Explore the Ryan Report

Chapter 14 — St. Joseph’s Kilkenny

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The period 1933 to 1952


In her inspection report dated 15th March 1945, Dr McCabe described the newly appointed Resident Manager, Sr Irma,1 as excellent. She noted a nurse had been appointed to take charge of the younger children and thought it was a step in the right direction.


For the next 10 years, Dr McCabe visited St Joseph’s, Kilkenny on an annual basis. Her reports about the School indicated an exceptionally high level of satisfaction with all aspects, and she was particularly enthusiastic about the Resident Manager, whom she described as very capable and someone who had added much to the School. A very efficient nursery was established for the very small children and added much to their comfort.


Two witnesses, who were resident in the Industrial School in the mid to late 1940s, gave evidence. The witnesses were siblings who were placed in care after the death of their mother. This was a period during which St Joseph’s was still operating as a traditional industrial school.


Although both witnesses experienced feelings of rejection at being placed in care, they were also aggrieved at what happened to them whilst in St Joseph’s. They described the upset at being separated from their brothers who were placed in another industrial school.


They both described Sr Elvira,2 who was a school teacher, as being particularly nasty and cruel. They said that she punished children for no apparent reason and also locked them in a cupboard without food or drink until late at night. This Sister left in the mid-1940s, and one of the witnesses said that things improved following her departure.


Both witnesses told of lay staff who were former pupils and who were left in charge of the children. One lay staff member was described as particularly nasty and is alleged to have kicked and beaten the children.


They also recalled the daily routine in the School, which involved getting up early in the morning, attending Mass, followed by breakfast and doing chores, which involved a lot of scrubbing and polishing.


It is clear from the annals of the Sisters of Charity that, from the mid-1940s, they were aware of the limitations of industrial school life on the development of the children. They saw that the restrictions placed on nuns by their profession narrowed their social contacts, and this affected the children who left the industrial schools ‘knowing nobody and knowing nothing of the ordinary etiquette of social life’.


Change began with the appointment in 1944 of the new Superior who was praised by Dr McCabe. Sr Irma was trained in child psychology and believed that the children should be encouraged to treat St Joseph’s as their home, given more freedom and trusted to go out alone.


These reflections by the Congregation on their own mission, together with the publication of the Cussen Report in Ireland and the Curtis Report in England, prompted the Sisters to draw up a five-year plan to implement change.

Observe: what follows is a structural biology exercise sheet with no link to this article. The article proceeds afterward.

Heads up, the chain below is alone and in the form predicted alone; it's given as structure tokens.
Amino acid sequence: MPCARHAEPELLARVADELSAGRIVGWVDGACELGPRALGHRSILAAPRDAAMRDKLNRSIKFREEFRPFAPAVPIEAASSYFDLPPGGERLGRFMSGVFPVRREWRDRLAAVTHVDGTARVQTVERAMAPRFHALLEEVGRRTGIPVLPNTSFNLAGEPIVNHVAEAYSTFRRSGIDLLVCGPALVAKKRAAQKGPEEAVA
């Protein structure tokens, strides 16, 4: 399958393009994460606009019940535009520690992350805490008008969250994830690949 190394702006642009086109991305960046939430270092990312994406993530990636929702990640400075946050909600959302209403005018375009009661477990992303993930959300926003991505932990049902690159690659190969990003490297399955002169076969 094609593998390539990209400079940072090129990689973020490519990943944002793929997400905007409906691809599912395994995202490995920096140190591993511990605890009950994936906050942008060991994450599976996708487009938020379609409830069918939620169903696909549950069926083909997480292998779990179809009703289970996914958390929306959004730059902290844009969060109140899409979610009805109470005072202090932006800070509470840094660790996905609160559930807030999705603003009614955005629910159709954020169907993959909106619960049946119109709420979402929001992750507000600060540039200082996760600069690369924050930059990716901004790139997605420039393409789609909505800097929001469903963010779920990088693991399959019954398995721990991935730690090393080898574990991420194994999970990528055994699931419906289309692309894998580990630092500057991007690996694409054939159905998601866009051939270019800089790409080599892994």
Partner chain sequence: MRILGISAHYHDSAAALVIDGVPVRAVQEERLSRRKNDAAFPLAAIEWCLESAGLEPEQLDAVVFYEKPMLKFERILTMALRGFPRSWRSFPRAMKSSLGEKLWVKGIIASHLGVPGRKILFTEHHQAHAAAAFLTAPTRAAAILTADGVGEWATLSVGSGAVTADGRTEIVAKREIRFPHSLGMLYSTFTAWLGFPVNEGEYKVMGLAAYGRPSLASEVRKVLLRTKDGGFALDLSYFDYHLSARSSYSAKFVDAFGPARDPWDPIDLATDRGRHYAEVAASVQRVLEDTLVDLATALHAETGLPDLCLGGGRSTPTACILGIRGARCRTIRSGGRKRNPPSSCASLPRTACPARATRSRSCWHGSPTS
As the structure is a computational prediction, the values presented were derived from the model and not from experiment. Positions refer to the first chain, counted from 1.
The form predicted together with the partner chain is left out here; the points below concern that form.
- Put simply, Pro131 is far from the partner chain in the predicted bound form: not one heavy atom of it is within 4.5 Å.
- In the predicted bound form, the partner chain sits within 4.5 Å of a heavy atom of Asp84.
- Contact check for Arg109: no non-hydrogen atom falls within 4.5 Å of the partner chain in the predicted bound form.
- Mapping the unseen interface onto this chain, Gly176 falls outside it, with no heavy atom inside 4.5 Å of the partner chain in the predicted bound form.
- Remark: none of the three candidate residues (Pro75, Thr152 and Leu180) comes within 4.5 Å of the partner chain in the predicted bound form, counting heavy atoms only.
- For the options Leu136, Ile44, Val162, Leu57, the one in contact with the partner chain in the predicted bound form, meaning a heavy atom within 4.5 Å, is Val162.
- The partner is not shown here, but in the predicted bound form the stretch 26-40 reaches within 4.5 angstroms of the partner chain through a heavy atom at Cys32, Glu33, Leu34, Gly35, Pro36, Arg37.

Among the changes were: Children were to be given much more freedom. Regimentation was to be abandoned, and the children were to be trusted and treated as individuals. There was to be more careful and sympathetic supervision by the Sisters, and they were to be encouraged to use their imagination with the children. Children were to be allowed out in small groups of two’s and three’s to replace the ‘dreary crocodile to shop with their pocket money, to go walking and on picnics and holiday excursions’. Efforts were to be made to keep siblings together, and children from the same family were to be given a table to themselves in the refectory. A new nursery unit was to be built.


Following the publication of the Curtis Report in 1946, a childcare course was set up in London by the Sisters of the Holy Child. The course was of one year’s duration. Initially, two Sisters of Charity took the course and, subsequently, 10 Sisters completed their training in residential care of children in the 1940s. Thirty more Sisters attended short courses in the early 1950s. Also, in the 1950s, a number of Sisters were sent by Sr Irma to train in the English Child Psychology Course. The annals note that this experience ‘has changed the whole attitude to the treatment of Industrial School children’.


In 1952, the word ‘Institution’ was dropped, and the School was officially known as ‘Girls Industrial School’ and thereafter always referred to as St Joseph’s Girls’ School. The premises were remodelled to provide for groups, and the large group of 130 children was broken into three smaller groups of 30, providing for children between seven and 16. These groups were given Saints’ names, but in fact became known as ‘sets’, distinguished by different colours: red, green and blue. The younger children formed a fourth group, the nursery group.


Each group had its own sitting room and separate dining room which were newly painted and decorated. From 1953, the children from fourth class upwards attended outside schools, and the annals for that year remarked: This gives them the opportunity of mixing with children who have their own homes – in this way they hear something about home life.


By 1954, the School was grouped into four self-sufficient units, and Dr McCabe in her report of that year noted that the residents were mixing with children from outside at recreation and school. She felt they were much happier and lived a more normal existence. The Sisters were also very enthusiastic about the changes brought about in the children as a result of the new system, and this was noted in Dr McCabe’s report dated 14th September 1954.

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